Low rates spur mortgage refinancing, but not like in past

With interest rates near historic lows, the banking industry is seeing an increase in mortgage refinancing, although not as many are refinancing as the record level seen before the current economic crisis.

Mortgage Bankers Association reports the refinance share of mortgage activity rose to 74.8% of total applications for the week ending June 11, up from 72.2% the previous week, the highest since Dec. 18 as homeowners took advantage of the low interest rates. Mortgage company Freddie Mac says the average rate for a 30-year, fixed-rate mortgage is 4.75% as of last week, up slightly from 4.72% the previous week. This time last year, the same mortgage rate was 5.38%.

The heyday of mortgage refinancing was in 2003, says a preliminary report released in April by the Obama administration's Financial Crisis Inquiry Commission. That year, 15 million mortgages were refinanced -- one out of every three U.S. home mortgages.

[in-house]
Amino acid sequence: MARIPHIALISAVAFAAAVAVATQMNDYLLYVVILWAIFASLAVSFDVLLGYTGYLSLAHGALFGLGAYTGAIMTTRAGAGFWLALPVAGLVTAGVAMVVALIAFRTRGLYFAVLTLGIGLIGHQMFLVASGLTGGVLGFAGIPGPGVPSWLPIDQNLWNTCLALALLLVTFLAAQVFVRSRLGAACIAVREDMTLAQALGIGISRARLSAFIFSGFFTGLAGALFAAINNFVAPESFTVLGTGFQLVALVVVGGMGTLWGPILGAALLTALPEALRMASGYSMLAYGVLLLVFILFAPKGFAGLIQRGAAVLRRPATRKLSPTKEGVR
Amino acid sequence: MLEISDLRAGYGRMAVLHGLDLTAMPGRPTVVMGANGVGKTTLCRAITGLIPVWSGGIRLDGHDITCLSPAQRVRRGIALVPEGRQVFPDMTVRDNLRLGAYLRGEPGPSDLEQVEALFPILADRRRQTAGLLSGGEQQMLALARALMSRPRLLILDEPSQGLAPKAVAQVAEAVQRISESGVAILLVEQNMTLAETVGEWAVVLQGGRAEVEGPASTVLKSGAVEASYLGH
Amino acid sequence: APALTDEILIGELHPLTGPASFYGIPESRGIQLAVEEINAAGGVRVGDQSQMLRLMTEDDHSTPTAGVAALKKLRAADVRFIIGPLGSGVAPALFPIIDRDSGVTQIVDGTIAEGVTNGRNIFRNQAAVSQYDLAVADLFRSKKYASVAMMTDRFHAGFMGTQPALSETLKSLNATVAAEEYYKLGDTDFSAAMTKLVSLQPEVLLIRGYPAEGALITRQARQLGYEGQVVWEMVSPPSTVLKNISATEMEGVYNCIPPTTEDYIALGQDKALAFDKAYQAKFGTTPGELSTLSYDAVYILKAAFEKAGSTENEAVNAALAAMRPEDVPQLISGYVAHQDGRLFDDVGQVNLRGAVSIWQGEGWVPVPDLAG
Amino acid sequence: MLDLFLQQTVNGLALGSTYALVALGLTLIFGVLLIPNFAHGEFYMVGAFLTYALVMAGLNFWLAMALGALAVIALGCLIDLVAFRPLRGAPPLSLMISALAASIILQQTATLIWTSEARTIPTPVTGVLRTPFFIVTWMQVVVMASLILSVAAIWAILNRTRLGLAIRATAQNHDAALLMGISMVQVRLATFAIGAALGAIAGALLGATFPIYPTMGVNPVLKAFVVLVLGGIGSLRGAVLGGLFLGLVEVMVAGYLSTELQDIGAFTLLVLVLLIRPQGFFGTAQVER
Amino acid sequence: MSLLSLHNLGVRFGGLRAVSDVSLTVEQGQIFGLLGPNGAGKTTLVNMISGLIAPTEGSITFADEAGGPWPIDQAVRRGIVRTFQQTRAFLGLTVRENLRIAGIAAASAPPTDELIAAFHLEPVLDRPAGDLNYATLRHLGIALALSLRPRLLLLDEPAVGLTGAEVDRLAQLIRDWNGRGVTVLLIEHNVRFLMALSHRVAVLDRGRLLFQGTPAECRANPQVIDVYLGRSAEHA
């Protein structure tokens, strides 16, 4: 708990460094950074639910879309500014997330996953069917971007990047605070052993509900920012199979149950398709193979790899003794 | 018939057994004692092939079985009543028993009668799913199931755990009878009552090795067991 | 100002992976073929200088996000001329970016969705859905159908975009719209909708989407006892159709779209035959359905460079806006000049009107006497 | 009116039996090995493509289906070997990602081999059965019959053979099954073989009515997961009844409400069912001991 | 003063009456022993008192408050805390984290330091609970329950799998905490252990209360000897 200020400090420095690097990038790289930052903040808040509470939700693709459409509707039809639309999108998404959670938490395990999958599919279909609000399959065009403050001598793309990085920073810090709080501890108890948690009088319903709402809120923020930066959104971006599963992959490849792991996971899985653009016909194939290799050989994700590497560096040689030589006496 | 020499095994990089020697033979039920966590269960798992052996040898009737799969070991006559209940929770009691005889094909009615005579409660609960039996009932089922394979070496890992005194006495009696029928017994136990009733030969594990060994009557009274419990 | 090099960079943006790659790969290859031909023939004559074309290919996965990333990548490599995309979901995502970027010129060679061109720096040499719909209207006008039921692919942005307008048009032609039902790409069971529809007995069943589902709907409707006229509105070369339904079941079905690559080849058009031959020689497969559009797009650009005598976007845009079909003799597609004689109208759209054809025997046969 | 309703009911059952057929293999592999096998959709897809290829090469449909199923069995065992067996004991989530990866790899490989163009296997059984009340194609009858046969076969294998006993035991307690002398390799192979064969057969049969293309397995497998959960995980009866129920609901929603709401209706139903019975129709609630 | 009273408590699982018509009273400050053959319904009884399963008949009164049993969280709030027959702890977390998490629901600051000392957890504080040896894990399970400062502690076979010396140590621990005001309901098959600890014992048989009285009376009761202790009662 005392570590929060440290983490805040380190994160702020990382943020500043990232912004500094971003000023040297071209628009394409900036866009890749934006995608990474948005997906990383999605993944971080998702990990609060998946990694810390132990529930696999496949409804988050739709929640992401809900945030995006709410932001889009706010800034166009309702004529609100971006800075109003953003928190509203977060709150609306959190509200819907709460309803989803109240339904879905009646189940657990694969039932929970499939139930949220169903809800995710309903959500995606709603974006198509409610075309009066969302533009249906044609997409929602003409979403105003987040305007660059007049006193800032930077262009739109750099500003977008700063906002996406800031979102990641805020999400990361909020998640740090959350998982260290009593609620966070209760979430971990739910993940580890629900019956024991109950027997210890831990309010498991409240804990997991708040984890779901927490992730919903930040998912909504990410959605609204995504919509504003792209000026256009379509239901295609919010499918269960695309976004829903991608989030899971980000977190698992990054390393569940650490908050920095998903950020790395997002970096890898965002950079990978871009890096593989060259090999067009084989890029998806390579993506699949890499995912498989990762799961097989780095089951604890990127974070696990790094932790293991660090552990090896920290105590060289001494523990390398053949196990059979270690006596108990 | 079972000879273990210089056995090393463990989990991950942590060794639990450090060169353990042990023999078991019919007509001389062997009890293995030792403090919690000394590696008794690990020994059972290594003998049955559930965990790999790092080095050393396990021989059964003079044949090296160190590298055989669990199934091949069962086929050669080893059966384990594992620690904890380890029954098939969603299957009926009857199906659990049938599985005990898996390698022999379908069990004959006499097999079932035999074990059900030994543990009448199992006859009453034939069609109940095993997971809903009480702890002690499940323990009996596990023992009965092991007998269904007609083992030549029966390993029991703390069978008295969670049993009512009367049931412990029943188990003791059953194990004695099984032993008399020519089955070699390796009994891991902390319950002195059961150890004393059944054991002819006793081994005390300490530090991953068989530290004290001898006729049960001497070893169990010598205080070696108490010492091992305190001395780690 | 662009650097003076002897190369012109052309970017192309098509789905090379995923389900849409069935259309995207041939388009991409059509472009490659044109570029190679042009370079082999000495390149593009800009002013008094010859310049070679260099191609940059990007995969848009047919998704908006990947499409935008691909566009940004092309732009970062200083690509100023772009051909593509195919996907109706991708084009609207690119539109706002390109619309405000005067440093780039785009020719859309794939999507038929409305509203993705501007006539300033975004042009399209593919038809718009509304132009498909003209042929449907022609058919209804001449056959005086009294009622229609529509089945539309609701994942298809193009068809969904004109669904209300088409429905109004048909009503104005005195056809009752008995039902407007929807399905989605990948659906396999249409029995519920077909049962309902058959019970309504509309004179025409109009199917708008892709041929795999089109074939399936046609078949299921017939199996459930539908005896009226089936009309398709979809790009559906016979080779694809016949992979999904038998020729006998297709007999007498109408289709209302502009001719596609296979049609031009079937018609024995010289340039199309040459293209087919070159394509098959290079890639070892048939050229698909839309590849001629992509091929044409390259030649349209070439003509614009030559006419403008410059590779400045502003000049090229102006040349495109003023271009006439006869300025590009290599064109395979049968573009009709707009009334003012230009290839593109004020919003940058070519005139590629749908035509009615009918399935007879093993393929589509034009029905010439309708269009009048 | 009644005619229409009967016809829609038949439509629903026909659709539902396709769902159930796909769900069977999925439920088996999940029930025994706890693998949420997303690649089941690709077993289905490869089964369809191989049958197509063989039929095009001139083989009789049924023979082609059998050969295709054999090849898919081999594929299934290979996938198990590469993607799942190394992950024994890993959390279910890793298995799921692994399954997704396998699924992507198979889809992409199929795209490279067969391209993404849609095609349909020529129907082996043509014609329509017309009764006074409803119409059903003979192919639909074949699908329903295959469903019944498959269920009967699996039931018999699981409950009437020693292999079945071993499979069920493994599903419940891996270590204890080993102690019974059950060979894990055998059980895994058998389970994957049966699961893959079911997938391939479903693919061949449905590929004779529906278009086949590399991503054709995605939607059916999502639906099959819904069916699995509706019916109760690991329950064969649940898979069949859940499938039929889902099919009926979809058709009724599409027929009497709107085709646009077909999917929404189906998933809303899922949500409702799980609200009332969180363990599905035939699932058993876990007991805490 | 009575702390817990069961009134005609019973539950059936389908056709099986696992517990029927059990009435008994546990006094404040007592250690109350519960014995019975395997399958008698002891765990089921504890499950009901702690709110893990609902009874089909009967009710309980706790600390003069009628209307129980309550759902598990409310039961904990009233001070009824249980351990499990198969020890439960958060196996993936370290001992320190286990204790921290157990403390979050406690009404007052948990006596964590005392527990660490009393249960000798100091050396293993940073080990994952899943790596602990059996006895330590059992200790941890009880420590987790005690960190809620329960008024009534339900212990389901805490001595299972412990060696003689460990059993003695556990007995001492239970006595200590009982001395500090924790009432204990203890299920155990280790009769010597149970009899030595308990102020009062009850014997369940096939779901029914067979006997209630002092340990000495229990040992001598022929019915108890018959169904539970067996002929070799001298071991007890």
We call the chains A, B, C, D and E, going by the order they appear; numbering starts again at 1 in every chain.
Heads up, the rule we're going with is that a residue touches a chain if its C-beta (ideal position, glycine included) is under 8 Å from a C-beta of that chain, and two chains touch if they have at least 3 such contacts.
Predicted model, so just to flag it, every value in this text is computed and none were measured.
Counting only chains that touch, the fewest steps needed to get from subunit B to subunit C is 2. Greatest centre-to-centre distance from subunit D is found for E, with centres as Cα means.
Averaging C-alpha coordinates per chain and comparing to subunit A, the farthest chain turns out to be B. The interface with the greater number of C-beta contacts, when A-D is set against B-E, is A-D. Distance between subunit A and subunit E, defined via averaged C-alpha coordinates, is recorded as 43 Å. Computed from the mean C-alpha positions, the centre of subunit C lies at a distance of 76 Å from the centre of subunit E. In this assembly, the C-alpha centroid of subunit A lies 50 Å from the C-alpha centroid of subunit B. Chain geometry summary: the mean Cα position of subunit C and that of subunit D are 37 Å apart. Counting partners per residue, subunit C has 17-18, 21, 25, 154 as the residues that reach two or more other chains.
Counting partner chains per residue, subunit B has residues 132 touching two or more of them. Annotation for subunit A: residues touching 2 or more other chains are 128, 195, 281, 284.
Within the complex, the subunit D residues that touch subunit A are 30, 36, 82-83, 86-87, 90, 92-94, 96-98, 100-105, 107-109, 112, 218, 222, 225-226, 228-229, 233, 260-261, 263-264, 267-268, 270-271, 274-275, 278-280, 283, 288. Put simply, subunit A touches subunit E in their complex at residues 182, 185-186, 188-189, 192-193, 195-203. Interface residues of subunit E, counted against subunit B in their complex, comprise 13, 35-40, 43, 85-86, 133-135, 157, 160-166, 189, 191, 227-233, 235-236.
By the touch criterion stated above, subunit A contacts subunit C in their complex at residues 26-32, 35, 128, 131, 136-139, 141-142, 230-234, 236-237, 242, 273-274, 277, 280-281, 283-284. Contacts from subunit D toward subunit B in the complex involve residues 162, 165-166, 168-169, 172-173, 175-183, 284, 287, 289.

But some lenders say even with attractive rates now, homeowners can't refinance because their homes have dropped in value and stricter requirements make it harder to get refinancing approvals. "There are more and stricter requirements for loans today, so it's not as easy for everyone to refinance their mortgages," Don Oakes, Mortgage South president, told the Chattanooga Times Free Press.

Refinancing rules will be among the issues taken up Tuesday as U.S. House and Senate negotiators work on the massive financial reform bill. The proposed rules would require lenders to make sure a borrower is able to repay a home loan before originating a home loan as well as ensure that refinancing an existing loan is in the consumer's financial interest, says Dow Jones Newswires.